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Report on the Assessment of Security and Stability Implications of the Use of DNAME Resource Records in the Root Zone of the DNS

ICANN commissioned a technical study into the security and stability implications of using the Domain Name System (DNS) DNAME Resource Record [RFC2672] in the root zone of the DNS. Testing was specified to be carried out in a captive lab environment which provided a functional replica of certain components of the public DNS. The results of that testing are presented in this report for the information of the wider DNS technical community.

This report found no failure in resolution nor in the ability to perform DNSSEC validation when DNAME was used in the root zone to provide isomorphism between two top-level domains (TLD), i.e. when one TLD was provisioned as a DNAME, compared to being provisioned as a distinct delegation. A variety of DNS software was tested as part of this study.

The use of DNAME in provisioning isomorphic domains is a candidate mechanism for the deployment of variant TLDs. However, the purpose of this report was not to investigate or make recommendations about whether DNAME provides a useful partial or complete solution to any problem related to variant TLDs, but rather to consider the narrower technical implications of using DNAME in the root zone. The more general requirements for variant TLD provisioning are being studied independently of this work within ICANN.

Since this study was performed using a captive replica of the public DNS, it should not be interpreted as an exhaustive answer to the question of whether DNAME can be usefully deployed in the public root zone. However, the conclusions of this report support future work which might (for example) propose the limited deployment of DNAME in the root zone for the purposes of real-world testing.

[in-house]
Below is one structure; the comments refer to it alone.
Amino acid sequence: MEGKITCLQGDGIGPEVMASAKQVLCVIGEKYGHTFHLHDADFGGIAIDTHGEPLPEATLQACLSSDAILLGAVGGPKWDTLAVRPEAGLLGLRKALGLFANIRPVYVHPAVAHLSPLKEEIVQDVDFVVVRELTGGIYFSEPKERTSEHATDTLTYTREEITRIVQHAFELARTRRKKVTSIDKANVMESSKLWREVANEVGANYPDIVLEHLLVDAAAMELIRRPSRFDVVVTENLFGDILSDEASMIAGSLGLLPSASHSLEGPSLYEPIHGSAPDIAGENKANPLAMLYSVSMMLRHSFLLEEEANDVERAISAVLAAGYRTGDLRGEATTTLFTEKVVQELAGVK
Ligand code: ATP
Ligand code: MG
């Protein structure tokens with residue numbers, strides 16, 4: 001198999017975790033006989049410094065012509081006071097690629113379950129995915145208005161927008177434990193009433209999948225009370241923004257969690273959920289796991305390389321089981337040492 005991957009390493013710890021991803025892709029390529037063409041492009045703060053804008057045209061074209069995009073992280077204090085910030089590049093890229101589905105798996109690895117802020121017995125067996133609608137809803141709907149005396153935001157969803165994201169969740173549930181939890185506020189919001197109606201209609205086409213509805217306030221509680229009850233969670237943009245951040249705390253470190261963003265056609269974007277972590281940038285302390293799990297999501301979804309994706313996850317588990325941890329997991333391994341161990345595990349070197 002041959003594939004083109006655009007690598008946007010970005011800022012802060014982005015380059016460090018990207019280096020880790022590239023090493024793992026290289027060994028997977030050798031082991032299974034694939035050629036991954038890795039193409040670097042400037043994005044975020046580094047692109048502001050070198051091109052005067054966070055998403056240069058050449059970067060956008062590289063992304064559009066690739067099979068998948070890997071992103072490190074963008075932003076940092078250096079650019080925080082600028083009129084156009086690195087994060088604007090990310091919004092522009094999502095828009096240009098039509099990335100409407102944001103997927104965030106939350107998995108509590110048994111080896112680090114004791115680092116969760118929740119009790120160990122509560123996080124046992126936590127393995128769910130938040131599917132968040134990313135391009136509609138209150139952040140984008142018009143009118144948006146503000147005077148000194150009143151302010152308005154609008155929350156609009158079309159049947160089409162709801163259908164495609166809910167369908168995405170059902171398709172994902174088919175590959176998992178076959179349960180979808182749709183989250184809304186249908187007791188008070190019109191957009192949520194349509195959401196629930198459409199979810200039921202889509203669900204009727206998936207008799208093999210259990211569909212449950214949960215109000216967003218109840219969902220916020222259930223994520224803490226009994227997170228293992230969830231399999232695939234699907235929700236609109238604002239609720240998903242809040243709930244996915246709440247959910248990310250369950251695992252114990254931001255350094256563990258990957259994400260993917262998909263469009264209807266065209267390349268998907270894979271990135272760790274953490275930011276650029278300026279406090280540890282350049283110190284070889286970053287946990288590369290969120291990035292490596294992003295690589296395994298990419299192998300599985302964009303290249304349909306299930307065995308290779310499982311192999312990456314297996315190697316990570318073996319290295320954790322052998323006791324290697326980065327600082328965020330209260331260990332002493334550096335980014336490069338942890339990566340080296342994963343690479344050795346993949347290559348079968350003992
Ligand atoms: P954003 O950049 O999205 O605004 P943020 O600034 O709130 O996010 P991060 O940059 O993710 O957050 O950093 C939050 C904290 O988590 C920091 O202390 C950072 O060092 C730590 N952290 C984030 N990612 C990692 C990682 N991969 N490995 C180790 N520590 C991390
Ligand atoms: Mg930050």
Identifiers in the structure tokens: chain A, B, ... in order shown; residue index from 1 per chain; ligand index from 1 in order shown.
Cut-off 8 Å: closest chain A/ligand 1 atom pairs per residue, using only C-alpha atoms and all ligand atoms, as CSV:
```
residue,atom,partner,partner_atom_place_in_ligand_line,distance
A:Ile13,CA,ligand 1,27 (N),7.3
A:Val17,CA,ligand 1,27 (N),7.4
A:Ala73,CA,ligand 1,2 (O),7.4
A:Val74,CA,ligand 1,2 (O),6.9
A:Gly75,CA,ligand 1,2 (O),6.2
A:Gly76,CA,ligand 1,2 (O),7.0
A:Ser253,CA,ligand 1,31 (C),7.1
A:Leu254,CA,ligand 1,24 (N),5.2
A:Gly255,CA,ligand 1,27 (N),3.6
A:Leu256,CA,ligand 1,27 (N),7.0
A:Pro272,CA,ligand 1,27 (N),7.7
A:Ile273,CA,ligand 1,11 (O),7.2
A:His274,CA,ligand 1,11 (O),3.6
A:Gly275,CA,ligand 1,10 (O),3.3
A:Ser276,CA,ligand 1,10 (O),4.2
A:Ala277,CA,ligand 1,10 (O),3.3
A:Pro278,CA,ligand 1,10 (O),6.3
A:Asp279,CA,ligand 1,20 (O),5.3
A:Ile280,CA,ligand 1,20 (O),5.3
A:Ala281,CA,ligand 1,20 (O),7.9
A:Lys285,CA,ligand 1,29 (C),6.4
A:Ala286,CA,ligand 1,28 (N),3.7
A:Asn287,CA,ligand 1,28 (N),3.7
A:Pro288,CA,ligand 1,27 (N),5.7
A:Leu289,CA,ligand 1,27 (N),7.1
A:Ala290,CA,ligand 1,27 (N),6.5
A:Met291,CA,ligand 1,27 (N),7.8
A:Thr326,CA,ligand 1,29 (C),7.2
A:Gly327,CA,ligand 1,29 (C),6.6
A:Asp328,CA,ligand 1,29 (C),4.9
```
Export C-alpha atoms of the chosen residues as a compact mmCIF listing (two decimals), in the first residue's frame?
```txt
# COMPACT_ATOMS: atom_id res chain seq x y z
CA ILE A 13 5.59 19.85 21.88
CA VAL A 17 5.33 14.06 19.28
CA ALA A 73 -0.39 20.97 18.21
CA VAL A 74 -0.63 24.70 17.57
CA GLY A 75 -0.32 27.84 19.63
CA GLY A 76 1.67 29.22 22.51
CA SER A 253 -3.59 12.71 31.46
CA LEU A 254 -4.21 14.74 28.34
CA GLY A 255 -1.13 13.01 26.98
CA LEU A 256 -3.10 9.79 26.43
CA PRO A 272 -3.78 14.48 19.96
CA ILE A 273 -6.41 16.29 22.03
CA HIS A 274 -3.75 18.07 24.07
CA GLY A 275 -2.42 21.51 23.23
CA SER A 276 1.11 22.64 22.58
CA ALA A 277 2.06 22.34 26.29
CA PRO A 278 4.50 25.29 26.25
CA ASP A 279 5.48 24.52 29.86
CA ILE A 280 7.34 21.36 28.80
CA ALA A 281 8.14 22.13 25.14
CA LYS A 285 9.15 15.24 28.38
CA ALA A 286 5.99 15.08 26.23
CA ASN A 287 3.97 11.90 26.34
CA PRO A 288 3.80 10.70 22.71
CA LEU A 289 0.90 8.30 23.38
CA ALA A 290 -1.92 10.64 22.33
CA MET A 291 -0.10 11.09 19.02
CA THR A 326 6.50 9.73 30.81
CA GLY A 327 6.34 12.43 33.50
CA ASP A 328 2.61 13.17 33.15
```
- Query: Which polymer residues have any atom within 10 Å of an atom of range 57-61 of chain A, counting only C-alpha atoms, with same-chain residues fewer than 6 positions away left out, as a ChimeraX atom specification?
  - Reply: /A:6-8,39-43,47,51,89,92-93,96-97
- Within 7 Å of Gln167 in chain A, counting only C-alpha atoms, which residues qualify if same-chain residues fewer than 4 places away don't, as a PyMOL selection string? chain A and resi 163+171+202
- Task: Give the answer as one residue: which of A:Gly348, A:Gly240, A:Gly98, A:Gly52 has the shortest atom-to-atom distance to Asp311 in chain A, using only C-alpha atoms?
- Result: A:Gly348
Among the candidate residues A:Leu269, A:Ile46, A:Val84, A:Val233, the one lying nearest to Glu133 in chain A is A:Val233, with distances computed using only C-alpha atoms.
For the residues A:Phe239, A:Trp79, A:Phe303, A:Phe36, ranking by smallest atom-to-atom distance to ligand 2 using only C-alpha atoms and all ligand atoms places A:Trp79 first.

Report on the Assessment of Security and Stability Implications of the Use of DNAME Resource Records in the Root Zone of the DNS [PDF, 268 KB]

 

 


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Internationalized Domain Name ,IDN,"IDNs are domain names that include characters used in the local representation of languages that are not written with the twenty-six letters of the basic Latin alphabet ""a-z"". An IDN can contain Latin letters with diacritical marks, as required by many European languages, or may consist of characters from non-Latin scripts such as Arabic or Chinese. Many languages also use other types of digits than the European ""0-9"". The basic Latin alphabet together with the European-Arabic digits are, for the purpose of domain names, termed ""ASCII characters"" (ASCII = American Standard Code for Information Interchange). These are also included in the broader range of ""Unicode characters"" that provides the basis for IDNs. The ""hostname rule"" requires that all domain names of the type under consideration here are stored in the DNS using only the ASCII characters listed above, with the one further addition of the hyphen ""-"". The Unicode form of an IDN therefore requires special encoding before it is entered into the DNS. The following terminology is used when distinguishing between these forms: A domain name consists of a series of ""labels"" (separated by ""dots""). The ASCII form of an IDN label is termed an ""A-label"". All operations defined in the DNS protocol use A-labels exclusively. The Unicode form, which a user expects to be displayed, is termed a ""U-label"". The difference may be illustrated with the Hindi word for ""test"" — परीका — appearing here as a U-label would (in the Devanagari script). A special form of ""ASCII compatible encoding"" (abbreviated ACE) is applied to this to produce the corresponding A-label: xn--11b5bs1di. A domain name that only includes ASCII letters, digits, and hyphens is termed an ""LDH label"". Although the definitions of A-labels and LDH-labels overlap, a name consisting exclusively of LDH labels, such as""icann.org"" is not an IDN."